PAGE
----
Dave also knew his way around the Montreal factories and it’s said once he ordered a “boxcar load” of London Fog topcoats for the gents back home. He worked with the Chamber of Commerce as well as charities, generally.
Abie must have had a sense of humour to withstand all the chiding for his old store, which would be featuring work sox hanging from the ceiling for years. Eventually, it burned and left nothing but a hole in the street where a large iron safe stood for months afterwards.
One day, I saw Abie climb down into the hold and open the safe. I noticed he stuffed some of the contents into his pockets.
Apparently he had salvaged something that had been tugging at his memory and caused him to descent into that rather dangerous hole himself. And you could detect it was worth the effort.
Abie was an older man and did not linger much longer with us. The others also mostly went back to Winnipeg but his daughters and son, Max, made good friends here.
Now our Jewish businessmen have all departed. They were last heard from as owners of Winnipeg apartment buildings and became pillars of their synagogues while encouraging their families to respect their heritage.
Their traditions undoubtedly benefited us all here before they passed us on to other storekeepers and do-gooders.
But I’d hate to believe there won’t be other Jewish people coming in to help us get business done. They were all good at it—while keeping us entertained among their bargains!
• • •
You read it here first: John Myers of McDonald’s Restaurant has the greatest and most uproarious laugh in town! What a candidate for Santa Claus!
• • •
Opposition to school closings is running high while the school board, as usual, is going its own way regardless of democratic principles or majority rule. Their ideas—wherever they come from—were frequently unpopular and even unsound over the years.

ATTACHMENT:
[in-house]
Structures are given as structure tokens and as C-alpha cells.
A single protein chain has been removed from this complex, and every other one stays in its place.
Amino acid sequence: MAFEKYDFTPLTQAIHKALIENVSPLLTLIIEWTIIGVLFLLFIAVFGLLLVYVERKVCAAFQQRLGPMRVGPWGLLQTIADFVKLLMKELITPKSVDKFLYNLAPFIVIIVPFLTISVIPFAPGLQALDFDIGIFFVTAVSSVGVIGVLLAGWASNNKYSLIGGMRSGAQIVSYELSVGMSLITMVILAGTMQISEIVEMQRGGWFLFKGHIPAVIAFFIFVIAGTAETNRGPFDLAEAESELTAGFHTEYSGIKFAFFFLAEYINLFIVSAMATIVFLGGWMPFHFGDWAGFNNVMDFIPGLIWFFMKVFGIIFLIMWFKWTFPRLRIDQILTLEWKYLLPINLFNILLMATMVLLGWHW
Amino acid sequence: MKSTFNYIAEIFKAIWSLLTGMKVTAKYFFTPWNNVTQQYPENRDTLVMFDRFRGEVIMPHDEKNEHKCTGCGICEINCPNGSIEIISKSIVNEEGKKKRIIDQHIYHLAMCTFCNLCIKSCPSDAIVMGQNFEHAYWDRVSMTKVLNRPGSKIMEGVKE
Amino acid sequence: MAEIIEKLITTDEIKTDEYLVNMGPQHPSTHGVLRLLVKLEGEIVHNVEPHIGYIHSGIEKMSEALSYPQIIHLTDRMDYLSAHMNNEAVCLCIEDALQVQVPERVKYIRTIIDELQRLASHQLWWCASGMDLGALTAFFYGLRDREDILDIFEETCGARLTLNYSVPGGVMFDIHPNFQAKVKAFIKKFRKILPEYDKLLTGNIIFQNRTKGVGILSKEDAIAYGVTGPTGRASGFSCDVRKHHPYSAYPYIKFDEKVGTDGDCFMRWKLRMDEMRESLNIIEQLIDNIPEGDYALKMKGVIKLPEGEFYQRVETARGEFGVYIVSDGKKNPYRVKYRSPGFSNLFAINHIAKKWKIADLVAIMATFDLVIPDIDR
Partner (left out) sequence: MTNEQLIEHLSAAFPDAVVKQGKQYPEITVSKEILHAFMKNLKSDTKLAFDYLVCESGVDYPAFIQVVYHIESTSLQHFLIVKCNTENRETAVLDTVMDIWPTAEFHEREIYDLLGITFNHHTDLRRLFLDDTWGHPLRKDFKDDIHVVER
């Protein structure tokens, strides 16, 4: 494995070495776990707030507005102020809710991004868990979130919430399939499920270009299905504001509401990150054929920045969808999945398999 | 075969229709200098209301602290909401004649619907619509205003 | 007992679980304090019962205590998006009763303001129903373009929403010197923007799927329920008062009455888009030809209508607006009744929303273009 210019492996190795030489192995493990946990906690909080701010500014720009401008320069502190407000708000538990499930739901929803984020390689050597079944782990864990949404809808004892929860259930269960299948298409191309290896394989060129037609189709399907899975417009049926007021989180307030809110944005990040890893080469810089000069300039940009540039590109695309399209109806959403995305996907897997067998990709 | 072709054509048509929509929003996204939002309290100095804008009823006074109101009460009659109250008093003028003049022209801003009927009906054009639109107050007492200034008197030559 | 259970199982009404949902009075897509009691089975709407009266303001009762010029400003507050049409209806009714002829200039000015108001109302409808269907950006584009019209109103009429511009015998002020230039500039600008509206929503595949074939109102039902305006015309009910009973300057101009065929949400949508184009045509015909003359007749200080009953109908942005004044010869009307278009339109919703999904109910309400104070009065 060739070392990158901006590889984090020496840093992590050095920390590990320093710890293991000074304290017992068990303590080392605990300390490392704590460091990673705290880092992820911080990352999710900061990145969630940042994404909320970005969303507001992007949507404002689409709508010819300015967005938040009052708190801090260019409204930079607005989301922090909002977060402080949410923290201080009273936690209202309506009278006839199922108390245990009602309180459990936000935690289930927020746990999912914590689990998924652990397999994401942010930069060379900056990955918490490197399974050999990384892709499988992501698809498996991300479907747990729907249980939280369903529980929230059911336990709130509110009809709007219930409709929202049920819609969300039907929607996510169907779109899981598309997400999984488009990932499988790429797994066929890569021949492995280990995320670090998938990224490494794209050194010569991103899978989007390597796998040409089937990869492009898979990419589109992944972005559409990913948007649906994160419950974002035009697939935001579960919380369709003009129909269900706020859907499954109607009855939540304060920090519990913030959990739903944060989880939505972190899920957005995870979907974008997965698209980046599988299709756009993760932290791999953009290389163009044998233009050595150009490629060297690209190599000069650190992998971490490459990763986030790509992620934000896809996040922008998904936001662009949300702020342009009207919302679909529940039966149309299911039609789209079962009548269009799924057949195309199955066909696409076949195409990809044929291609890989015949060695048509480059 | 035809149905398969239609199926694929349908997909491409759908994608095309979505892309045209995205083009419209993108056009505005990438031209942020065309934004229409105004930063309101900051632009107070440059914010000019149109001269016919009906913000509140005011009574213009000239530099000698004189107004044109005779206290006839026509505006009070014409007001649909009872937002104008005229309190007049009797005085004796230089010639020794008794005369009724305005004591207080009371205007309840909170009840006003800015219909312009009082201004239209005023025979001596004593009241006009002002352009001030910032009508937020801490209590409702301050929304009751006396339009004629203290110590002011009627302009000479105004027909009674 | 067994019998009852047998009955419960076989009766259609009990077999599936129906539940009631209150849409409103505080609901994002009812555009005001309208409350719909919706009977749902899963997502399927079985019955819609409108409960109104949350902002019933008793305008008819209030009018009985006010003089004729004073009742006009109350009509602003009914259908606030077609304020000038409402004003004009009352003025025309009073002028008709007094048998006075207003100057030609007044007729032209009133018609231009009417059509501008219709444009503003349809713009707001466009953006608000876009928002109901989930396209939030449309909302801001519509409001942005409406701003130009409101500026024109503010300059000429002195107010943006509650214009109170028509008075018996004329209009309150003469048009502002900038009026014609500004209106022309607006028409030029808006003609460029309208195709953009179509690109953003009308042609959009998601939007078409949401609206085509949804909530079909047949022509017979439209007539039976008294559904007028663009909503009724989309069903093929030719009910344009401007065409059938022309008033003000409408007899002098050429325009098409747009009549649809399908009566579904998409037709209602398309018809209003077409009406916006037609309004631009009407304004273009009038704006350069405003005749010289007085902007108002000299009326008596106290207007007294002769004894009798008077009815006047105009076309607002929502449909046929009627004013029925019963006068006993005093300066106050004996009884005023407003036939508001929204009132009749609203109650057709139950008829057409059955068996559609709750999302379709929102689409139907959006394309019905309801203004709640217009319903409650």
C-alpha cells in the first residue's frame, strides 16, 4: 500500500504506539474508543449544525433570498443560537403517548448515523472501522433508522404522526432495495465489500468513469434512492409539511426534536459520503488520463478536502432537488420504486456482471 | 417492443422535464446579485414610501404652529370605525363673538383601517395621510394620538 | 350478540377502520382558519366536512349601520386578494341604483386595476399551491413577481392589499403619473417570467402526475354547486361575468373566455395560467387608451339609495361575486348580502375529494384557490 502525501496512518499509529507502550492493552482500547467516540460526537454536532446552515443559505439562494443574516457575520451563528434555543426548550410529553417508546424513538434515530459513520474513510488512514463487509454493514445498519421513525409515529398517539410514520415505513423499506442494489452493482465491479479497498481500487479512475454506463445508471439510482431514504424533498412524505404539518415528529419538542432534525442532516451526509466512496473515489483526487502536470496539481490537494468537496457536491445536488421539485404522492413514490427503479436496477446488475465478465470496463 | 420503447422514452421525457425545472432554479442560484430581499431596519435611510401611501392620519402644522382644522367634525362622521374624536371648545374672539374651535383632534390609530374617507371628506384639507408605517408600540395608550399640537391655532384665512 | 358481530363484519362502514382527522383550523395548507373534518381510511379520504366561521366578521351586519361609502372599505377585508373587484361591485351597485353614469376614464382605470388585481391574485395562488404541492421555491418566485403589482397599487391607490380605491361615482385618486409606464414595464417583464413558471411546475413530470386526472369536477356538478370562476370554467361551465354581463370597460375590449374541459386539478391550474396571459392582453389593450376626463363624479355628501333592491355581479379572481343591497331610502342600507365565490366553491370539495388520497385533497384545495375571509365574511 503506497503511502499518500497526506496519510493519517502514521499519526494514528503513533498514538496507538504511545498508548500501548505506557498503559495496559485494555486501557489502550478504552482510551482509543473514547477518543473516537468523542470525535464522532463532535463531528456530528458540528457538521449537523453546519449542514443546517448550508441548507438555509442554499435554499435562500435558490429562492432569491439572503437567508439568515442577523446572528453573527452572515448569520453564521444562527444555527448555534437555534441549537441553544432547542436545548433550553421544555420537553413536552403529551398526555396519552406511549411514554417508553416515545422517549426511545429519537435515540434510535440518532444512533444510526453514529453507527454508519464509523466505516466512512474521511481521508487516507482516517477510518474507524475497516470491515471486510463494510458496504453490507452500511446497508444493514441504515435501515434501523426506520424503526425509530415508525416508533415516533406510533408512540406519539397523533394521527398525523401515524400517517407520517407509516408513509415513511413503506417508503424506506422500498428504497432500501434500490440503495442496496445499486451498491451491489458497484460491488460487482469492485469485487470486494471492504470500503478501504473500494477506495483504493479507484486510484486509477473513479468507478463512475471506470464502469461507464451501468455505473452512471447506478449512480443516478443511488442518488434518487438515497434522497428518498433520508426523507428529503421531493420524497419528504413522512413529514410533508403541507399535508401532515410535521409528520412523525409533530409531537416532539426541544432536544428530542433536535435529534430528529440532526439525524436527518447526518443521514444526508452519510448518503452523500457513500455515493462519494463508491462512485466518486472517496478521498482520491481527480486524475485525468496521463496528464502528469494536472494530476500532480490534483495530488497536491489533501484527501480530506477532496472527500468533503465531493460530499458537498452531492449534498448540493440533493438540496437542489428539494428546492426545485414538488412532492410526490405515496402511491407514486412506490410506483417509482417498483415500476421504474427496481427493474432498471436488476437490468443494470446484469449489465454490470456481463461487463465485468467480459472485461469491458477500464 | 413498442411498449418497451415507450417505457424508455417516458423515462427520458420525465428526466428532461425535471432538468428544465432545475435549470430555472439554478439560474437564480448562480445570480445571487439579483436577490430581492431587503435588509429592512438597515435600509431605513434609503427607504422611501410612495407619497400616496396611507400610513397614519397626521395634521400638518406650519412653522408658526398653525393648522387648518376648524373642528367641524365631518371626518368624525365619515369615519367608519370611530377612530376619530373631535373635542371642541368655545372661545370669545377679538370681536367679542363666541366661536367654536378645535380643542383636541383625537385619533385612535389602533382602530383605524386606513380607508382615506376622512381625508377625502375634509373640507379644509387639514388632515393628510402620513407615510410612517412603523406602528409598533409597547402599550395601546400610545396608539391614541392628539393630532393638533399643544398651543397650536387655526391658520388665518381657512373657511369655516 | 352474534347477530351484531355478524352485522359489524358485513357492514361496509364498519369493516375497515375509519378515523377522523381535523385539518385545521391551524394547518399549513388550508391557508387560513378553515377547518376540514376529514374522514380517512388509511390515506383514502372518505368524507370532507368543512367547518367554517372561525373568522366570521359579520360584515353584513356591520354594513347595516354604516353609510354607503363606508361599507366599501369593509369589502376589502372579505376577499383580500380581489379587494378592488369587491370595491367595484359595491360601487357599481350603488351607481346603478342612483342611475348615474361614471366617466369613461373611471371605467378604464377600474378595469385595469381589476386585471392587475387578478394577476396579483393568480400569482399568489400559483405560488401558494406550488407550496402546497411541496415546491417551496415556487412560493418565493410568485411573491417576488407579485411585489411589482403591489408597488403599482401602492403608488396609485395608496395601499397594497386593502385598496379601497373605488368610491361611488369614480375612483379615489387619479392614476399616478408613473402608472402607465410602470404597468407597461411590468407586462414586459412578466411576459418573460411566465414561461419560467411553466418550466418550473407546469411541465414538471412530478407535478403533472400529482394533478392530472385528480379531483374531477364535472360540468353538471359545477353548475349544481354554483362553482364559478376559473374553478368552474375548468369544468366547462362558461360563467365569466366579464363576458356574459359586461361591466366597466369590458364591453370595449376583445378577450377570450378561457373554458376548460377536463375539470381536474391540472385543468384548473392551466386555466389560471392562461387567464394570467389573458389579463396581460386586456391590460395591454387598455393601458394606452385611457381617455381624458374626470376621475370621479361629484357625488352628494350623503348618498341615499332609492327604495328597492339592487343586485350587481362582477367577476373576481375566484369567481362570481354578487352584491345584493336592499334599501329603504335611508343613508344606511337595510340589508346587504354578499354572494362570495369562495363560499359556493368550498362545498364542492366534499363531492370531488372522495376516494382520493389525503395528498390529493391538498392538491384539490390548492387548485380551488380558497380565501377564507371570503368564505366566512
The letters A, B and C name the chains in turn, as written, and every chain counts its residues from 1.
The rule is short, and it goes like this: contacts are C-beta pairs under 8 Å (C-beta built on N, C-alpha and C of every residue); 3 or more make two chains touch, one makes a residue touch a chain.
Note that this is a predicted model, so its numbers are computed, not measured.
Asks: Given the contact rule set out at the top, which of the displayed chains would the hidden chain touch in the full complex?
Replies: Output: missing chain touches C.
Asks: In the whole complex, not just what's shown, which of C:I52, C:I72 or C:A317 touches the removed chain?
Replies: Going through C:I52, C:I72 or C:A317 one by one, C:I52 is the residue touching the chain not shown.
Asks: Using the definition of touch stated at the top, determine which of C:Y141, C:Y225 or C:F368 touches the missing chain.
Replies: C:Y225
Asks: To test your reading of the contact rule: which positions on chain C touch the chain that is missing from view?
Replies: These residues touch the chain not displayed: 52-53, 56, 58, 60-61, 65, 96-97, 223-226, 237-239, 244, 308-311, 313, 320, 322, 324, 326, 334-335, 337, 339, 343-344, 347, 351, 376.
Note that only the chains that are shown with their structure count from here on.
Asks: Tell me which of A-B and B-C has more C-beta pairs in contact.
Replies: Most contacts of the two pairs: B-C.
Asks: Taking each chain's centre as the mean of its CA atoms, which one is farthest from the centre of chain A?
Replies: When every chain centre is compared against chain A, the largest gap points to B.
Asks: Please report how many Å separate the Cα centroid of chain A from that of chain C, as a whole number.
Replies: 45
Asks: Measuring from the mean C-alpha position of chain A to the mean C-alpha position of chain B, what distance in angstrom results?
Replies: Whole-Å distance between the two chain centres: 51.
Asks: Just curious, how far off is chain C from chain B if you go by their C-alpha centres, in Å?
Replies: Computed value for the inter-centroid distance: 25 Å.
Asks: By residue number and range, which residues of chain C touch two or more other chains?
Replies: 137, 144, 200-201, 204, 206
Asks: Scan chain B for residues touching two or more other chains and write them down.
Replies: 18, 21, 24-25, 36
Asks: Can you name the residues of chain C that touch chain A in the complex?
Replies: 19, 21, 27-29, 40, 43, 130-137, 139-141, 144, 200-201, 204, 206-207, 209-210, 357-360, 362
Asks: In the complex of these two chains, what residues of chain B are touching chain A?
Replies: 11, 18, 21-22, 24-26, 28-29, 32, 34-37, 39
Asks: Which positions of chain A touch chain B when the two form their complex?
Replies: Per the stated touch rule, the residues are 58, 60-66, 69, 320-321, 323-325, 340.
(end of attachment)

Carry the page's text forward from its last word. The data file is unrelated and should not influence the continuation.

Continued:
The trustees have refused to listen to the home taxpayers so often it’s on record by now they have been wrong in every argument more often than right. The main idea being to ignore any and all criticism as something that soon will be gone and won’t last until the next controversy.
The trustees, after all, were elected to exert authority, weren’t they?
Just look back over the old high school debates, for instance, and think about how futile it always became to argue against changes past boards have preferred.
They regularly have enjoyed abandoning school buildings that still suited the taxpayers and parents! But at whose expense?
• • •
Besides leaving out La Vallee and other things in the new phone book, Ma Bell kicked out the Emo office of Gary Sliworsky, the district’s Ministry of Agriculture rep, but Gary had a good-natured reaction.
He was surprised, sure, but probably figures farmers are usually out of luck one way or another!
Phoning “information” to contact him was of no avail because it seems Bell has no knowledge of there ever having been an ag rep phone here! In fact, you can start with other provincial ag offices and find no way to contact the Emo branch!
Smoke signals once worked better!